By Jo-Ann Hohl
The Owen J. Roberts High School band practices every Tuesday and Thursday night from 6:00 p.m. to 8:30 p.m. Attendance is mandatory, and the band is very competitive. But then, on that horrible day of September 11th, 2001, the school made the decision that everything was canceled, including all after-school activities.
This meant that band was canceled. The teens had a free night! As a young person, what would you do with an unexpected night off? Catch up on homework? Maybe go out and party with your friends? As a teenager, would the deaths of strangers or the collapse of buildings 300 miles away have influenced your choices?
These teens, like the rest of the nation, had sat glued to the television watching the events unfold, and they had heard the call for help being broadcast. One of the band members was moved by the call for blood donations. He had never given blood before, but knew it was something he could do to contribute. He asked a friend who had previously given blood exactly what was involved, and learned that it was something most people could do.
The phone number that was being shown on the television was busy, so he phoned the local hospital to see where blood could be donated. He was given the address of a nearby church that had, by sheer fate, months before scheduled its annual Red Cross blood drive for that very day.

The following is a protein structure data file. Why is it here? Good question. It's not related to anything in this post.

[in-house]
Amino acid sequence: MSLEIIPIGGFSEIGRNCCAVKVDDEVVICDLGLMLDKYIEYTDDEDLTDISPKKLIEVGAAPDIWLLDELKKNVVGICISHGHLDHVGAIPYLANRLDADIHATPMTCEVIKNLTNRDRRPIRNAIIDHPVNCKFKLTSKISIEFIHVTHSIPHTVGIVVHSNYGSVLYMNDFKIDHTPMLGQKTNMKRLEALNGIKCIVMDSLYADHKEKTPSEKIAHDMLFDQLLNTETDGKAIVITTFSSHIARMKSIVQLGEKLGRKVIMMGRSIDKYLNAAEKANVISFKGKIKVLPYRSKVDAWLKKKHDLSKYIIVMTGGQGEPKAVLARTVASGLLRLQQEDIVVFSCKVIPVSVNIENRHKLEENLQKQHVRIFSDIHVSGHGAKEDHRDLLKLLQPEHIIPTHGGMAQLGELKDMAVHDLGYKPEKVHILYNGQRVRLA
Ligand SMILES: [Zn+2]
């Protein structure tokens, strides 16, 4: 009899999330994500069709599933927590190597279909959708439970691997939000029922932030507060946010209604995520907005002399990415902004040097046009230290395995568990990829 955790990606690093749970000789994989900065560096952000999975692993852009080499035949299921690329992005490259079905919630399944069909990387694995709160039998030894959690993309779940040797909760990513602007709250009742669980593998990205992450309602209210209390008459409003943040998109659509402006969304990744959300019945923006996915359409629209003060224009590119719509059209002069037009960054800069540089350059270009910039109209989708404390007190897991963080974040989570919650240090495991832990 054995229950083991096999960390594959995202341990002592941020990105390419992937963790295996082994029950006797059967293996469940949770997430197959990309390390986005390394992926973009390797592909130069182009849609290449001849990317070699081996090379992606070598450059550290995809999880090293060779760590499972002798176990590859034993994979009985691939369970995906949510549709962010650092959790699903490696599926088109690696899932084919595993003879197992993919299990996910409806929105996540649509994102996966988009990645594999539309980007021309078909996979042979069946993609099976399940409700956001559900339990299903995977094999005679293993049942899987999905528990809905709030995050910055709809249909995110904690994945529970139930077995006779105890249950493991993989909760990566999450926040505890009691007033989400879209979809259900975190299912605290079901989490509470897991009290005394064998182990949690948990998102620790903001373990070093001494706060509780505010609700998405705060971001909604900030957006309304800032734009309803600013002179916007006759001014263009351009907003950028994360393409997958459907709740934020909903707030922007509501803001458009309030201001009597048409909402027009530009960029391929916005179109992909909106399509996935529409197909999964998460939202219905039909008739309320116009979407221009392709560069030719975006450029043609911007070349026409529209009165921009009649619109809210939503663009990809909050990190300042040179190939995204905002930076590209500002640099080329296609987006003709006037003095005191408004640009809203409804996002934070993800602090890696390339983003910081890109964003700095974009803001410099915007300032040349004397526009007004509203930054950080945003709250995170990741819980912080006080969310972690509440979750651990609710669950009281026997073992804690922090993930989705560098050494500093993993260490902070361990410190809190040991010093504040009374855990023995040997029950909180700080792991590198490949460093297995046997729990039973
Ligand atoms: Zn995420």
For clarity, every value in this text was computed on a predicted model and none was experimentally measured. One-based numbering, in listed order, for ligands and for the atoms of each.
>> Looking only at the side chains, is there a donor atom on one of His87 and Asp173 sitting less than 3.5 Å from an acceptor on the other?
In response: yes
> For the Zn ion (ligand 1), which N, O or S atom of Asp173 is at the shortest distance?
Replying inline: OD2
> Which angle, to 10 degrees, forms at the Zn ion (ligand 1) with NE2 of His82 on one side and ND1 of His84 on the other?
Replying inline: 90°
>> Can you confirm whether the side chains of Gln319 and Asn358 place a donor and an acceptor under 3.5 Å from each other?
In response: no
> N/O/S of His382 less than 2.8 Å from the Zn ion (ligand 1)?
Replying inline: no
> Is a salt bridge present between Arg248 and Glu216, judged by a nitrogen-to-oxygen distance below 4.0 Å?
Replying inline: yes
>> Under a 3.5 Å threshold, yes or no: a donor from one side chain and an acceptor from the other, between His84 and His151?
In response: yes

However, rather than simply going to the blood drive by themselves, the two teen friends each spent over an hour on the phone recruiting other band members. They told them, “We don’t have to go to band. We can give blood. We can help.” Many of the band members decided to do what they could, and also showed up at the blood drive.
It can be difficult to find someone with something positive to say about teens. People say that their music is loud, their clothes are ugly and they don’t dress properly. People say that their manners are bad and their behavior is unspeakable. Many adults say that the young people of today will cause the decline of our country tomorrow.
But I think that our country will be in good hands. I am proud of these young men, and their friends who met them at the Red Cross blood drive that night. These teens gave up an unexpected bonus, a night of freedom from all responsibilities, to take up the responsibility of saving a life.
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1 thought on “A Night of Freedom”
Amen. I never will forget the people standing outside of hospitals waiting for the survivors who would never come and some were crying.